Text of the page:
Grindcore and the more fertile subgenre power violence have always been rooted in a sociopolitical tradition, though it's easy to lose sight of that amid the sweat-drenched chaos of the blast beats. But there's much more to behold. In the case of Washington, D.C.'s Magrudergrind, the finger tends to stay pointed at the scene itself.

"There are a lot of rules expected to be followed," frontman Avi Kulawy told Noisecreep of the failings and missteps in the punk scene. "People's beliefs tend to come off quite fascist, because if you don't believe what everyone expects you to believe you're an outlier."

Some have given the trio a DIY scarlet letter for their latest EP, 'Crusher,' since it was free for a limited time thanks to the aid of Scion -- the car company that loves to give away free metal shows and festivals. Inundated with e-mails ranging from support, curiosity and cries of sell out, Kulawy believes one of the problems is that people misconstrue the entire message of the band.

"In our artwork, we do take a certain political/social stance on certain issues, but the three of us have totally different political ideologies, so were not a unanimous thinking group," he explained. "We're not out there to tell people what to believe in, what to consume or what to do. We're just expressing the way we feel and how we interpret the world."

Kulawy contends that his personal message has always been to follow no one's rules but your own. "In my lyrics, I write I explicitly that I choose to follow my own path. I'm an individual and I have an individual ideology.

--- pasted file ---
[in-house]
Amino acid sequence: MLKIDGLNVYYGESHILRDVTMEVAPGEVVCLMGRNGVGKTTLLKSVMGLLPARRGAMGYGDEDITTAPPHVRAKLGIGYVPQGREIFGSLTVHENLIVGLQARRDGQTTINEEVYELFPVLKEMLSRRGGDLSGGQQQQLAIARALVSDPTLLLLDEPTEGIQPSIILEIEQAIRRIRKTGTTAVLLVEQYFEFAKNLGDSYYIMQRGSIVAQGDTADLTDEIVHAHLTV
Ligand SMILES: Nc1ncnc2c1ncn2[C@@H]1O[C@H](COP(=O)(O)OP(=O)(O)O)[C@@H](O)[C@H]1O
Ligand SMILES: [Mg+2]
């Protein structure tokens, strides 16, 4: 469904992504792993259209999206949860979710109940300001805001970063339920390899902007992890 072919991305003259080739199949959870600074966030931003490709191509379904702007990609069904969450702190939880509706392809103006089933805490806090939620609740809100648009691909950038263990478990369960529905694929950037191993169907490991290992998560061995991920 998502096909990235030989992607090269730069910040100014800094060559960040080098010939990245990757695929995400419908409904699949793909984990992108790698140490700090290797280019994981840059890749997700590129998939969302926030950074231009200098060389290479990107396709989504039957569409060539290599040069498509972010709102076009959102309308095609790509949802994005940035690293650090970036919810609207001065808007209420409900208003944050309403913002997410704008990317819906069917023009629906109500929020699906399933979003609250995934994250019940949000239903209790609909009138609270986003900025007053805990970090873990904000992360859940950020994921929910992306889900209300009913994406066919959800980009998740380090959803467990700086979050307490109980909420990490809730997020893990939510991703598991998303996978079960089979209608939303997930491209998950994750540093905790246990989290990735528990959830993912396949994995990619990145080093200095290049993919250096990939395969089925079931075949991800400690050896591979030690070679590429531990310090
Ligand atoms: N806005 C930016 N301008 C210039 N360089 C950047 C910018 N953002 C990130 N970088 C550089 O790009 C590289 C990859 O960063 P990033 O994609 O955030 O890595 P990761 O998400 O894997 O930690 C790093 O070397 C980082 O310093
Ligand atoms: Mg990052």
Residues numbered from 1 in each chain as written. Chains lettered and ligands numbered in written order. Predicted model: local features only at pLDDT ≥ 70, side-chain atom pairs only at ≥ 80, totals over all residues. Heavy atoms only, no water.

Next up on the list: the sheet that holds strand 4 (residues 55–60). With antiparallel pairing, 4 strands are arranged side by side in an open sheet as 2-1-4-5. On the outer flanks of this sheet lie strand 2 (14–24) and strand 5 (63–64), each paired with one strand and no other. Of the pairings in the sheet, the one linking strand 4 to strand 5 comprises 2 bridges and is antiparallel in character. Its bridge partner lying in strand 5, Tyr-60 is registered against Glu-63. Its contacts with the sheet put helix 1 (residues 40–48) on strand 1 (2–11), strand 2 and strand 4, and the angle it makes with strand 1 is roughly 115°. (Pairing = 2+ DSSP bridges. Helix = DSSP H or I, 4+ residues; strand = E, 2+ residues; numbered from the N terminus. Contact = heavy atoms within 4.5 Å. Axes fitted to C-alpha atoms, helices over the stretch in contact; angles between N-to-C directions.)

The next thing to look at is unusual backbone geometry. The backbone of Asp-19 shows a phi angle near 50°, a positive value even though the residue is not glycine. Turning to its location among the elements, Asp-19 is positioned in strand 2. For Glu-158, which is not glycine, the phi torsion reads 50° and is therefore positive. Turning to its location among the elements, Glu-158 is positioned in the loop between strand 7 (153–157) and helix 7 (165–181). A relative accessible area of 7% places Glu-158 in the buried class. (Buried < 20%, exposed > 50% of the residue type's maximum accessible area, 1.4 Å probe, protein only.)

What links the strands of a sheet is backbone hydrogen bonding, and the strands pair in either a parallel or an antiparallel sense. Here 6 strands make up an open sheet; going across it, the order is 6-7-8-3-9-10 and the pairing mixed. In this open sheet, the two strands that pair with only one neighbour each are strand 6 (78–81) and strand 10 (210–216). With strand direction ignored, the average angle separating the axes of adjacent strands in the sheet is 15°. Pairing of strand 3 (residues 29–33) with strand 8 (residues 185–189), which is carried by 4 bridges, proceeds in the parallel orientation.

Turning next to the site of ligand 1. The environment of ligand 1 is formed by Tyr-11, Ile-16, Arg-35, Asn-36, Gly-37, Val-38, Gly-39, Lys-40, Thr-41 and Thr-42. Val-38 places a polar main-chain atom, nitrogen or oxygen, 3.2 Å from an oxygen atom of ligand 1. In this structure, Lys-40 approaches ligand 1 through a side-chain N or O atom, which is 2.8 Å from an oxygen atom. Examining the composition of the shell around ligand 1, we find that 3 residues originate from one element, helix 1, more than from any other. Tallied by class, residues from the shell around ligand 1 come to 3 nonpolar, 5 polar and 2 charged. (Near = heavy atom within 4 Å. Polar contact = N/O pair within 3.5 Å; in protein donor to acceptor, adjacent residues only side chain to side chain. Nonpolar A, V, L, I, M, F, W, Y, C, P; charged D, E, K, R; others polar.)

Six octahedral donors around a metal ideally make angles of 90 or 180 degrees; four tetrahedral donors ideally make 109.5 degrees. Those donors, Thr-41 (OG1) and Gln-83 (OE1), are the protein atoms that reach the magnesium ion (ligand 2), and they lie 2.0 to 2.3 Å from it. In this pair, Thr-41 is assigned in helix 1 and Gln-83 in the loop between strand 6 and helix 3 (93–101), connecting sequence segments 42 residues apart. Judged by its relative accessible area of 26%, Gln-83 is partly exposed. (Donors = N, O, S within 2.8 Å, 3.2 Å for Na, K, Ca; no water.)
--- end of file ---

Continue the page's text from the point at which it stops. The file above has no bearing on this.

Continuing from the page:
"There is a common denominator between all of us," he continued. "When we record a record, all of us are very involved in all of the pieces. In the end, your getting a product that is really a piece of all of us. It's not just my perspective; it's what we agree on as a group."

Seemingly almost prepared for those who would misunderstand the band's choice to take money from a corporation -- in order to give away a high quality album -- the opening track 'Leech' lambast those who look down on their decision.

Kulawy screams near song's end, "Are these the ethics that we flaunt in the culture of DIY? No, we deny many opportunities yet complain to be marginalized."

"That song is really talking about the s--- that really turns me off being involved in this type of scene," said Kulaway, calling those ideals pure hypocrisy. "We don't live in a word that is straight black and white; there's so much grey area with everything. Seeing every issue in tunnel vision is a very ignorant way to look at the world.

"There's almost this immature kind of primitive thinking within a lot of the social circles of punk and hardcore," the frontman ventured. "They forget that there are external factors that play into a band touring or putting out a record or record label advertising. All these things have one common variable -- that's money."

Jokingly, he remarked that those who scream sell out should also throw away their shoes, toilet bowl and entire record collection so they can be unblemished in their ideals. "I'm sure there will be some critics that read this interview on a computer that was produced by some 'evil' corporation."

The first retort from those opposed to the band's decision claimed the trio must have gotten a large paycheck. Kulawy says there was none. There was just an album to giveaway, which the band stated from the get-go.

"That's not really our goal or agenda. We just want to play music we love and be able to travel. A very motivating factor to continue this band is being able to tour different countries, and meeting other people from other countries -- and meeting them as friends."

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